The LAX Coastal Parade Committee announced this week that for the first time in 20 years, the Westchester Fourth of July Parade that travels down Loyola Blvd. has been canceled.
“We waited as long as we could to see if a parade would be possible this year, but due to the pandemic, there is no way we could hold this event with social distancing,” said LAX Coastal President/CEO Christina Davis. “Our first goal is to keep everyone safe, so we had to make some hard decisions. We know how important this celebration is to our community, and we know people look forward to it every year.”
Supporting your favorite local businesses is more important than ever! This year marks our 9th Annual Best Of Readers’ Poll and while the last few months have been difficult for many businesses, we think it’s essential that we continue to celebrate the best our community has to offer and to let businesses know how much they mean to their fans.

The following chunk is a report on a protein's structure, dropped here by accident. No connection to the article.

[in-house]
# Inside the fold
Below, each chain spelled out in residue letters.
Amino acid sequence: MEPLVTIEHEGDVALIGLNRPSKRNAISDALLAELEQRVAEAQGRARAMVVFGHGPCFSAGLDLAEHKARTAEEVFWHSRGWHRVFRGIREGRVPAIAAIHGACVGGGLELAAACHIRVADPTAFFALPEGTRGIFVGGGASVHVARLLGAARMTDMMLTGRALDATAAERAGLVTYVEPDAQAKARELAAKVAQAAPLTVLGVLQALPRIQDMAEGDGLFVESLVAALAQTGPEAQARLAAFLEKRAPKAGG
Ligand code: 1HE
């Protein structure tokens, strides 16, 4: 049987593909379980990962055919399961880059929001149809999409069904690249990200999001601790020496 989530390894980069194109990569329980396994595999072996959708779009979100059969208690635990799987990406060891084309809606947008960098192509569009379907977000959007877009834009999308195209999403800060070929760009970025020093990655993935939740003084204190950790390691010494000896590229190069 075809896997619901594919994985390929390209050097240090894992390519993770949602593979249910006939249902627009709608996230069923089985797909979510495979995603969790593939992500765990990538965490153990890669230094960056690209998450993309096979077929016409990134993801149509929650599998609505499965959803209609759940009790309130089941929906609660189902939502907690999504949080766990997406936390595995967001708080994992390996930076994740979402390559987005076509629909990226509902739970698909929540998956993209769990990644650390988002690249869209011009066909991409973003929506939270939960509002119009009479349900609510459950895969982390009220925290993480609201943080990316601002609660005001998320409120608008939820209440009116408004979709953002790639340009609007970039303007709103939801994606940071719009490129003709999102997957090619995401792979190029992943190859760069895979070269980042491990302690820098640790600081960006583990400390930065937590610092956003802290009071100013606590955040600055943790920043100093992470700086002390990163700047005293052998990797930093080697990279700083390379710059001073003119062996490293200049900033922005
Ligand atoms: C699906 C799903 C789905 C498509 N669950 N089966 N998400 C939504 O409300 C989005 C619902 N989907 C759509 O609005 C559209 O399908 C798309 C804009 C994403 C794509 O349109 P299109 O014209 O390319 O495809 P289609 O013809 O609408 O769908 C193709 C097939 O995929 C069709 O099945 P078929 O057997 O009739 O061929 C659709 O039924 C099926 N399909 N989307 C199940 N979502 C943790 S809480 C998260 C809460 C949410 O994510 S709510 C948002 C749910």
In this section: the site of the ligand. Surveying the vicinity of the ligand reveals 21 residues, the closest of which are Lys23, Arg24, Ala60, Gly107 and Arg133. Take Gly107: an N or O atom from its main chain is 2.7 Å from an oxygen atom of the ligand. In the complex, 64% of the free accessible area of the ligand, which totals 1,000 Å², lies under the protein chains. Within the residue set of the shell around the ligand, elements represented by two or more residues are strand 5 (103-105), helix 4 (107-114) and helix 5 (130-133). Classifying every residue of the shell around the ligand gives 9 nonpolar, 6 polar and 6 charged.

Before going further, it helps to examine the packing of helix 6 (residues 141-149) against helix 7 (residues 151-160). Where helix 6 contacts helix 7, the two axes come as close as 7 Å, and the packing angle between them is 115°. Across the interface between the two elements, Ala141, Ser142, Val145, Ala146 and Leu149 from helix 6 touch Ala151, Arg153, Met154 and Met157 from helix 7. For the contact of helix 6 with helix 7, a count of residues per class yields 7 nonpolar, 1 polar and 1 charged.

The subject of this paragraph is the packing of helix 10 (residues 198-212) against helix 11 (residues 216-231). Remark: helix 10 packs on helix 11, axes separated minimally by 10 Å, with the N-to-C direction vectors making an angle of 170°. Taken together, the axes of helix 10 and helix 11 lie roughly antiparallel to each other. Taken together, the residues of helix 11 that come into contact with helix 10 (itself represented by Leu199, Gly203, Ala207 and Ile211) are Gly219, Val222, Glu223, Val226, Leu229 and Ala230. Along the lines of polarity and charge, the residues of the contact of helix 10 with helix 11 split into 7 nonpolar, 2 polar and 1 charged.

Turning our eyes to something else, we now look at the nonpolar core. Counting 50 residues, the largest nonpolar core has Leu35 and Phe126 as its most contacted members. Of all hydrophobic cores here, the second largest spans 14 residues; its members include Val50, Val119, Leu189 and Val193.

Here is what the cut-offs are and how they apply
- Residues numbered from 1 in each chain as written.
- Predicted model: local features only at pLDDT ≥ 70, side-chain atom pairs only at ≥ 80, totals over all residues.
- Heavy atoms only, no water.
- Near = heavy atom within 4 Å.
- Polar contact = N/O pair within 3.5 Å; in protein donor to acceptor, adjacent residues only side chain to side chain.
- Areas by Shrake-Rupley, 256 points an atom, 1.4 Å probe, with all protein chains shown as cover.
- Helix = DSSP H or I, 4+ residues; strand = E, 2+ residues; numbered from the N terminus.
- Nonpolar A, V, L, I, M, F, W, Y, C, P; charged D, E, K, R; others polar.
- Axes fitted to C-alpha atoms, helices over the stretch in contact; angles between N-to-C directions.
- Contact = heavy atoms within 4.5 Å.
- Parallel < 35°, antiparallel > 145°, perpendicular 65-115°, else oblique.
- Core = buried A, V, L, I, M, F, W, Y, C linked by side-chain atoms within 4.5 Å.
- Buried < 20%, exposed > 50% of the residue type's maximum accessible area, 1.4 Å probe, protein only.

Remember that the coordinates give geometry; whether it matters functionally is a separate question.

Please vote for your favorites local businesses (from Westchester, Playa del Rey, Playa Vista, Marina del Rey and surrounding areas) in more than 80 categories. Voting should take about ten minutes to complete. While you don’t have to vote for everything on this list, you must vote in at least 10 categories for your vote to count.
Everyone’s business could use a little help these days, so we’re featuring some companies owned by local residents or located in Westchester/Playa to help promote shopping local and supporting community members.
Here’s the scoop on Chapter 4, owned by Westchester residents Scott and Nicole Torrence!
Q. Please tell us a little bit aboutyourself.A. Scott has lived in SoCal since attending and graduating San Diego State University. Starting in the early 2000s he was the Lead Fine and Rare Wine Specialist for Christie’s Auctions in North America based in Beverly Hills and held that job through early 2019.